'Fantastic Beasts and Where to Find Them': Film Review
David Yates, director of four 'Harry Potter' films, helmed this spinoff fantasy adventure starring Eddie Redmayne and assorted CGI critters.
The author of a textbook used by a magic student named Harry Potter gets his own giant franchise in Fantastic Beasts and Where to Find Them, David Yates' very-much-in-the-spirit new addition to the Potter mythology. Working from the first screenplay penned directly by series creator J.K. Rowling, Yates also gets to offer the first Rowling movie for which fans won't already know the plot. (The only extant book is the facsimile textbook describing magic creatures our hero has studied; the film's events occur as he's writing that tome.)
Likely to draw in just about everyone who followed the Potter series and to please most of them, the picture also has things to offer for fantasy-friendly moviegoers who only casually observed that phenomenon. The latter group, however, may be less convinced that this spinoff demands the five feature-length installments Warners and Rowling have planned.
Eddie Redmayne makes an ideal Newt Scamander, who is endearingly sheepish around humans but gifted with the nifflers, bowtruckles, erumpents and so forth to whom the pic's title refers. As he travels the globe collecting magical creatures, the wizard-scholar carries an enviable answer to Noah's ark: A humble leather suitcase that, like the Tardis and Mary Poppins' bag, is far larger on the inside than the outside. In fact, its vast, barnlike interior seems to contain its own time-space portals, allowing its inhabitants to enjoy whatever kind of habitat — desert, the Arctic, cluttered set-designer's attic — they desire.
The only thing the suitcase doesn't have is a reliable lid, and Newt has barely arrived in New York City — the year is 1926, and Colleen Atwood's costumes take lovely liberties with the period — before one of his more mischievous animals escapes, skittering around inside a bank and stealing shiny things. In the confusion, Newt's case gets switched for that of Jacob (Dan Fogler), a portly, amiable baker who knows nothing of magic.
But by the time Newt realizes he has the wrong luggage, he's in the custody of Tina (Katherine Waterston), a security officer with the Magical Congress of the United States of America. (Whereas British spellcasters give their institutions names like Hogwarts, Yanks get ugly acronyms like MACUSA. They also call Muggles "No-majs," which means "no magic" and is as unpleasing to the ear as it is on the page.) Tina tries to get Newt in trouble for attracting attention in that bank fracas — No-maj groups like the Second Salem-ers are stirring up fear of witchcraft in the populace, shades of mutant persecution in the X-Men films, and American wizards keep themselves secret — but she's in a bit of hot water herself, and ends up helping the out-of-towner hunt for his suitcase. That's not terribly hard, once Jacob opens the thing and the escaped beasts leave a trail of mayhem all over town.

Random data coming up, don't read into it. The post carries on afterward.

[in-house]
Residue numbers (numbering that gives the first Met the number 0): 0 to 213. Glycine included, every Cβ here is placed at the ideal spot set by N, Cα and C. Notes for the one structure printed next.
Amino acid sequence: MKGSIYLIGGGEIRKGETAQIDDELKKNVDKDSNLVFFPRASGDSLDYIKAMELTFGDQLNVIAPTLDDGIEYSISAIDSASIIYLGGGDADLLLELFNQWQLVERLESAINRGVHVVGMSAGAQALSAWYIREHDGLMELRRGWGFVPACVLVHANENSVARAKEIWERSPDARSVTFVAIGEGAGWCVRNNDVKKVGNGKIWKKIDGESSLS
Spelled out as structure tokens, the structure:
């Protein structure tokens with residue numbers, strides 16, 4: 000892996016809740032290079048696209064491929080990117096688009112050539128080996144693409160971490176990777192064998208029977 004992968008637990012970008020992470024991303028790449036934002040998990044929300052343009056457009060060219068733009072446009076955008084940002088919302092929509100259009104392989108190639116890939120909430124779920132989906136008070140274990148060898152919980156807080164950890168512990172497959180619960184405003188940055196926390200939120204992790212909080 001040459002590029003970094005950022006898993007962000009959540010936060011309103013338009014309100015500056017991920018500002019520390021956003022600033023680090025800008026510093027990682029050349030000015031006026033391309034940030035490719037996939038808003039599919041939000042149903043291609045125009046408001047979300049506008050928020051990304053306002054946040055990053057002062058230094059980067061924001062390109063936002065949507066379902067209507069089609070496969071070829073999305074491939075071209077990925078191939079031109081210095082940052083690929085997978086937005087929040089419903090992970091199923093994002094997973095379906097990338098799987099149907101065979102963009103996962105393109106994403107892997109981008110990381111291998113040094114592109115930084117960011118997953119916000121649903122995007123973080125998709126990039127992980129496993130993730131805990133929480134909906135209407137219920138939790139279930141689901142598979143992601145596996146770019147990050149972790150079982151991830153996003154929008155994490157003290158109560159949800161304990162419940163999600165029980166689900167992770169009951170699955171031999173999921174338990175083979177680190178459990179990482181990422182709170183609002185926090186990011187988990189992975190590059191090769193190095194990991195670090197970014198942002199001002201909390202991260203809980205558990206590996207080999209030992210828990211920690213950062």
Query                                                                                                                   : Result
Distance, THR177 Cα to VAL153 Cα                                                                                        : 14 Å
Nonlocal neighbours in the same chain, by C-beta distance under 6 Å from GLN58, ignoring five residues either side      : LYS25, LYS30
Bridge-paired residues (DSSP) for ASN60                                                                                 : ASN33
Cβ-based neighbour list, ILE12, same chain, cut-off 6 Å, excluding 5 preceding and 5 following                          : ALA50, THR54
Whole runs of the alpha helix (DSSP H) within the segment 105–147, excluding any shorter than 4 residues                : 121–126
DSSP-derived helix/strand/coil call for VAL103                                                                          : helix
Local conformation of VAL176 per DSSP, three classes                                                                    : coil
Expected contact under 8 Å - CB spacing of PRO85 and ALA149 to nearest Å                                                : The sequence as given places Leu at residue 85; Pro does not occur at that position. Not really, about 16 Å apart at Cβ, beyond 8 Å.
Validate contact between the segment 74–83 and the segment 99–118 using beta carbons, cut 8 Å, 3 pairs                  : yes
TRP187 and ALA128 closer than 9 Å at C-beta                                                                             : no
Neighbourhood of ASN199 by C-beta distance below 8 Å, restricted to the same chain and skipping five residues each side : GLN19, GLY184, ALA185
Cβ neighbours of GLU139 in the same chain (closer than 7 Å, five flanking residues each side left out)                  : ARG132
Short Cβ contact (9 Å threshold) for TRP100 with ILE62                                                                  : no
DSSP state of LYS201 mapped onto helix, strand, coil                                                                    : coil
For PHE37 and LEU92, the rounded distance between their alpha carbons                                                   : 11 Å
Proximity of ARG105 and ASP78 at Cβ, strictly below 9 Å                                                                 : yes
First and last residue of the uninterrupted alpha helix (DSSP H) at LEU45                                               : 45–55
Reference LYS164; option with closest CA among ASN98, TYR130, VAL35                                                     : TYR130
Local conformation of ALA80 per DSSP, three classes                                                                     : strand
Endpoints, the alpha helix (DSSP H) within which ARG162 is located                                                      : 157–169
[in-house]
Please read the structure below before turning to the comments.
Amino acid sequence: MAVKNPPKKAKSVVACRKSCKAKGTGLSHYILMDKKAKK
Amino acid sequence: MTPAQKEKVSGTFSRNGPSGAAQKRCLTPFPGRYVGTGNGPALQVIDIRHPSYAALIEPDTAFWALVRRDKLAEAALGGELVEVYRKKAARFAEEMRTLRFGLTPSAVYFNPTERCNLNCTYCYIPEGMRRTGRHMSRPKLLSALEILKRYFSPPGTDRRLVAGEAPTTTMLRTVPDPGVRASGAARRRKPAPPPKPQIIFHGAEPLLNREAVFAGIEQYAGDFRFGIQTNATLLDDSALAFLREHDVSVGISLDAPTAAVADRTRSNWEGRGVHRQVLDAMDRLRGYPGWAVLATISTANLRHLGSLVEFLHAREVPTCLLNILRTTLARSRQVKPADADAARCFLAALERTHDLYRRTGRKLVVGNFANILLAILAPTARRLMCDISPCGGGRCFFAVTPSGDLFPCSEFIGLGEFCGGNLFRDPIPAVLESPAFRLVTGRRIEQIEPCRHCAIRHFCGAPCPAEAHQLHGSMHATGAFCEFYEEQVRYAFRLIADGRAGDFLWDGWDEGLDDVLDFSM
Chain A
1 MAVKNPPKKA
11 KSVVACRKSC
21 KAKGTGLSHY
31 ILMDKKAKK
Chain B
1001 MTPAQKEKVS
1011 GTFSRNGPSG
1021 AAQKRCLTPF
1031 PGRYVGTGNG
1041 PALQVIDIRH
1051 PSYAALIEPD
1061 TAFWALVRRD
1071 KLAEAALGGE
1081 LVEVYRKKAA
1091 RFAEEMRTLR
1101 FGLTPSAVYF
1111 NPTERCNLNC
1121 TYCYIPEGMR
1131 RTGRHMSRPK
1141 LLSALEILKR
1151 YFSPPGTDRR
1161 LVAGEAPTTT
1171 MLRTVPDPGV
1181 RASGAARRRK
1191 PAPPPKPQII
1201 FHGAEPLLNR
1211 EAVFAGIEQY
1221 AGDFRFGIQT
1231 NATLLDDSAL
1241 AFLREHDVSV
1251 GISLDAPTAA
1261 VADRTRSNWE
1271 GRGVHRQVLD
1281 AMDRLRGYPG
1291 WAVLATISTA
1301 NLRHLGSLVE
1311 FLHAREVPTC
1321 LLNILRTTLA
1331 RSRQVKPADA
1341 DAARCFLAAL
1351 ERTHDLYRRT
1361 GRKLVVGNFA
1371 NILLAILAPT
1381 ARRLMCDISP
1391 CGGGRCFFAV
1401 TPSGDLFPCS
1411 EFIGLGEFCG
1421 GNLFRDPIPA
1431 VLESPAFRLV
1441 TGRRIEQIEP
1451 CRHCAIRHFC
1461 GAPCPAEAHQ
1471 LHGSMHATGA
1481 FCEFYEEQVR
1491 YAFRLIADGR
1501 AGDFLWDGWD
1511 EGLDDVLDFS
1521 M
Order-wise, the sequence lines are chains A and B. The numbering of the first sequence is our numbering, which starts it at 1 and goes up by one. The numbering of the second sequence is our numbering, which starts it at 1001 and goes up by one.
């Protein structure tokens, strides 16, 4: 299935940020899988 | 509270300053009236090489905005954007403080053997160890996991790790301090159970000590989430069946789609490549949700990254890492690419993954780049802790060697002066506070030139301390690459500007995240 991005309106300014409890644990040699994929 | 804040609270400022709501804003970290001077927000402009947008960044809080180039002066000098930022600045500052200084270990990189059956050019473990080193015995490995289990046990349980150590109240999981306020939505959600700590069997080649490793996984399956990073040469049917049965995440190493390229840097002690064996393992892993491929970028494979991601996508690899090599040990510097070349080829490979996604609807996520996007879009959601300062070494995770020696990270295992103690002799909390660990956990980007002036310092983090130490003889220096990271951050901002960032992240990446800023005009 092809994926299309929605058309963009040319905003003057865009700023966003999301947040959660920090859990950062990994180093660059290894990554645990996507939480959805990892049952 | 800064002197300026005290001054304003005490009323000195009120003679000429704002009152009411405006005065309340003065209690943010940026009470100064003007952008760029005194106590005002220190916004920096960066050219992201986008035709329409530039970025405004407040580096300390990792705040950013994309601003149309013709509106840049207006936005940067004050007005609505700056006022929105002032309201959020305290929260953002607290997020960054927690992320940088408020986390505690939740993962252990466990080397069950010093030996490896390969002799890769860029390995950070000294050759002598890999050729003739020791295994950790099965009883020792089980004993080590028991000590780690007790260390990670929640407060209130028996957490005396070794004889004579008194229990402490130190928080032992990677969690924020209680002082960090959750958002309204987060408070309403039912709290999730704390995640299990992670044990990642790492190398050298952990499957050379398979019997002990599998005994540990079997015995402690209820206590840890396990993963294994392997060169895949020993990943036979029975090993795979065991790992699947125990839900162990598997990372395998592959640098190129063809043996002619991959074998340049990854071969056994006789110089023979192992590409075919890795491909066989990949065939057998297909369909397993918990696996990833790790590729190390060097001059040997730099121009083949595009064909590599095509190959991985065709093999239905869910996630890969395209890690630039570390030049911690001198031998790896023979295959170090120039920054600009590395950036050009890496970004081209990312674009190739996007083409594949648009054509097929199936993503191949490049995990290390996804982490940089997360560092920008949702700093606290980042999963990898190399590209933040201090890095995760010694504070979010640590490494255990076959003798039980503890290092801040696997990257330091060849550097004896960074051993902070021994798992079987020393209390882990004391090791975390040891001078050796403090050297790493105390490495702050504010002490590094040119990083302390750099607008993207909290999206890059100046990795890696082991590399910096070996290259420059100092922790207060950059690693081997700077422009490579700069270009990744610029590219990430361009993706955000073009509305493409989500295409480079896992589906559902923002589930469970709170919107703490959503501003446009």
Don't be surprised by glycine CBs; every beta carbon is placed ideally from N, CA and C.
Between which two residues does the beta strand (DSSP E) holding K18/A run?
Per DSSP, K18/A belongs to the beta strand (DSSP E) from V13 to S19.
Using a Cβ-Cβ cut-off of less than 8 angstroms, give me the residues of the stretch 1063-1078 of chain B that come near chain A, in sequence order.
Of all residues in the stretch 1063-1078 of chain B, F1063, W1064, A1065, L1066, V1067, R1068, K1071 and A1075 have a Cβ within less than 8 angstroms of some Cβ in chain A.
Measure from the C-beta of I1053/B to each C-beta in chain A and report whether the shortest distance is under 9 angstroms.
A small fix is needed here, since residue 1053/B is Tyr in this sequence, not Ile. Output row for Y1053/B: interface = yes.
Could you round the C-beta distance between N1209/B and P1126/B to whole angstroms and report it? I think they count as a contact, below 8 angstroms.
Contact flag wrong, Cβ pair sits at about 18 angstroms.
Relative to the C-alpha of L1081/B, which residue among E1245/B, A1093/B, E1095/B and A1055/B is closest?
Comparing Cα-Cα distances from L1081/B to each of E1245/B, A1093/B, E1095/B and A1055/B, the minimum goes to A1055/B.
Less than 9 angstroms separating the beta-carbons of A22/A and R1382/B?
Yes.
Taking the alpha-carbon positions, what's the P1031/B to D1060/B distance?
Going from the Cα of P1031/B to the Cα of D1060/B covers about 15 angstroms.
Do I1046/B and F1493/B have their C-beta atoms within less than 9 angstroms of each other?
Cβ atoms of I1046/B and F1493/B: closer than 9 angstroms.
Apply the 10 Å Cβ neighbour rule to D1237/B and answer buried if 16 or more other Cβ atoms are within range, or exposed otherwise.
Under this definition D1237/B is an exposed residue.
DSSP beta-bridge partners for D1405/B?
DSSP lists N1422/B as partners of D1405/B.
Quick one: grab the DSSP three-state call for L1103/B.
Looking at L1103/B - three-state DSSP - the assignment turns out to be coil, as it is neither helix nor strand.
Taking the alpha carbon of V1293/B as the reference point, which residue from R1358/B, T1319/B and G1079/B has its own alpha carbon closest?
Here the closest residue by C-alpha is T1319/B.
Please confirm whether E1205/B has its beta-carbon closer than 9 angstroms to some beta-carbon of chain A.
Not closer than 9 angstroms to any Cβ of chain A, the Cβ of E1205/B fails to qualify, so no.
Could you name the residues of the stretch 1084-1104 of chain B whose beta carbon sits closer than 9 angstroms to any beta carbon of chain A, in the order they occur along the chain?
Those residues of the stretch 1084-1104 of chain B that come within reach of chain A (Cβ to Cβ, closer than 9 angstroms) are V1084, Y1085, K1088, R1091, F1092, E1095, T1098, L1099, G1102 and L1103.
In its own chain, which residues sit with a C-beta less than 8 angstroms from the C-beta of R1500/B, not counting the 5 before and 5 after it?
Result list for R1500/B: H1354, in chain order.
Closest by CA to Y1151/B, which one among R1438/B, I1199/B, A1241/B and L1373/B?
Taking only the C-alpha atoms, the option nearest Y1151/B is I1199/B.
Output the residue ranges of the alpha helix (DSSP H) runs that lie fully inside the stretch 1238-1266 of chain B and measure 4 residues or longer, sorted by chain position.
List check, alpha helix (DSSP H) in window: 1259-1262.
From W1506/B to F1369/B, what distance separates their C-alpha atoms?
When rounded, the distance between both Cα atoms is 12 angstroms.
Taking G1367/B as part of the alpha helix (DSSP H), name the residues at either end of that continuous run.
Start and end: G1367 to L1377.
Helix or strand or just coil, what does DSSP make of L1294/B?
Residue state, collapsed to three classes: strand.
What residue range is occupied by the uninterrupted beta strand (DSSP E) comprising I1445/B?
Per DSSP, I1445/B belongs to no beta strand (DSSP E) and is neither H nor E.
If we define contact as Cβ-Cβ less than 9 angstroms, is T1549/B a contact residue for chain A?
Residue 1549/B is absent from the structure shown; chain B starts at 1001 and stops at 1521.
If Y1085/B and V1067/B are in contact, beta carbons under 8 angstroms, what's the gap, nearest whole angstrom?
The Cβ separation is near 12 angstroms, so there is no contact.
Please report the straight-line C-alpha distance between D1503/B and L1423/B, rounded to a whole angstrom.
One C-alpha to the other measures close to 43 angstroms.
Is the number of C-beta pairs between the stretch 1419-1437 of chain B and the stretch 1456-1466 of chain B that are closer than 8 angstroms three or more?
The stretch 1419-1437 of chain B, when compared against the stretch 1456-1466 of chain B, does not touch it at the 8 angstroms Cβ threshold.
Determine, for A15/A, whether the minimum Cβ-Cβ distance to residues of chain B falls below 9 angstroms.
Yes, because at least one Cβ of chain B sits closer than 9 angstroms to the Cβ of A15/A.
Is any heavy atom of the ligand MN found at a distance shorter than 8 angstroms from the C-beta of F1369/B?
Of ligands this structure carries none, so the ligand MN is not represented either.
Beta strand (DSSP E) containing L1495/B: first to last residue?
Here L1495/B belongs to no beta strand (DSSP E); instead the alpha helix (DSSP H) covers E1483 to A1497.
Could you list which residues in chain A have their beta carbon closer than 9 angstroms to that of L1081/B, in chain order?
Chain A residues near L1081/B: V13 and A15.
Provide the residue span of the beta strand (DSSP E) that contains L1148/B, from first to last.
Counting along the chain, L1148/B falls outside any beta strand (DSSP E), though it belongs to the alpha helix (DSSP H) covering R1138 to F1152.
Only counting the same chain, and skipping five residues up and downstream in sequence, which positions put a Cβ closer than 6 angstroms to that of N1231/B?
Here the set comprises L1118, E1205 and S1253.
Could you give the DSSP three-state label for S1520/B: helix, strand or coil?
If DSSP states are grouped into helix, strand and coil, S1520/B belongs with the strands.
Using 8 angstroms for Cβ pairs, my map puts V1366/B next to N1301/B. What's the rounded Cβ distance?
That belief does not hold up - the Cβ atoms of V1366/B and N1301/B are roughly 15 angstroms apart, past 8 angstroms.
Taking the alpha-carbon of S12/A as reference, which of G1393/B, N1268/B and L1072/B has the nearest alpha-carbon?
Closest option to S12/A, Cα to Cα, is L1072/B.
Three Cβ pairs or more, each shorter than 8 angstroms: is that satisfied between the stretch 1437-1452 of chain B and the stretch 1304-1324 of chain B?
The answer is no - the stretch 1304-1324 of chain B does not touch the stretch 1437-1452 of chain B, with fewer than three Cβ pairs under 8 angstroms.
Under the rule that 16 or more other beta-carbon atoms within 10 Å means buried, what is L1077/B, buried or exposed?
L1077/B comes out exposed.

Tina brings the two men to her apartment for a pit stop, where they meet her sister Queenie (Alison Sudol), a Jazz Age hottie who can read minds, takes a shine to Jacob and makes the most of her too-few opportunities to charm the audience.
As these four try to collect all the escapees from Newt's menagerie without making all of Manhattan aware of the magic around them, a MACUSA operative bearing the on-the-nose name Percival Graves (Colin Farrell) shadows them, pursuing some mysterious aims with the help of Ezra Miller's Credence, the adopted (and abused) son of a puritanical witch-hater (Samantha Morton).
Invention and effects are the name of the game here, predictably, and this world invites us in as effectively as the best of the Potter episodes. (Only in scenes where actors pretend to handle tiny snake-like dragons is a CG illusion unconvincing.) Somewhat less effective is the film's character-bonding agenda: Breaks in the action for, say, backstory about Newt's long-lost love sometimes feel like items on a checklist. On the other hand, a dinner scene at Tina and Queenie's place charms, and the rapport Redmayne generates with the various beasts Newt cares for gives the picture a heart.
Much of the film's big wizarding-politics material will be appreciated mostly by those who thirst for ever more backstory in Rowling's universe. It will doubtless be useful as the franchise progresses, though — the main villain, Gellert Grindelwald, makes the kind of teasing appearance at the end that promises a long Voldemort-like story arc. (Avoid IMDb if you want that cameo to surprise you.) Whether or not the ensemble chemistry ever clicks to the extent it did for Harry, Hermione and Ron, Rowling clearly has an endless supply of lore left to share with those invested in her world.
Distributor: Warner Bros.
Production company: Heyday Films
Cast: Eddie Redmayne, Katherine Waterston, Dan Fogler, Alison Sudol, Ezra Miller, Samantha Morton, Jon Voight, Carmen Ejogo, Colin Farrell
Director: David Yates
Screenwriter: J.K. Rowling
Producers: David Heyman, J.K. Rowling, Steve Kloves, Lionel Wigram
Executive producers: Tim Lewis, Neil Blair, Rick Senat
Director of photography: Philippe Rousselot
Production designer: Stuart Craig
Costume designer: Colleen Atwood
Editor: Mark Day
Composer: James Newton Howard
Casting director: Fiona Weir
Rated PG-13, 132 minutes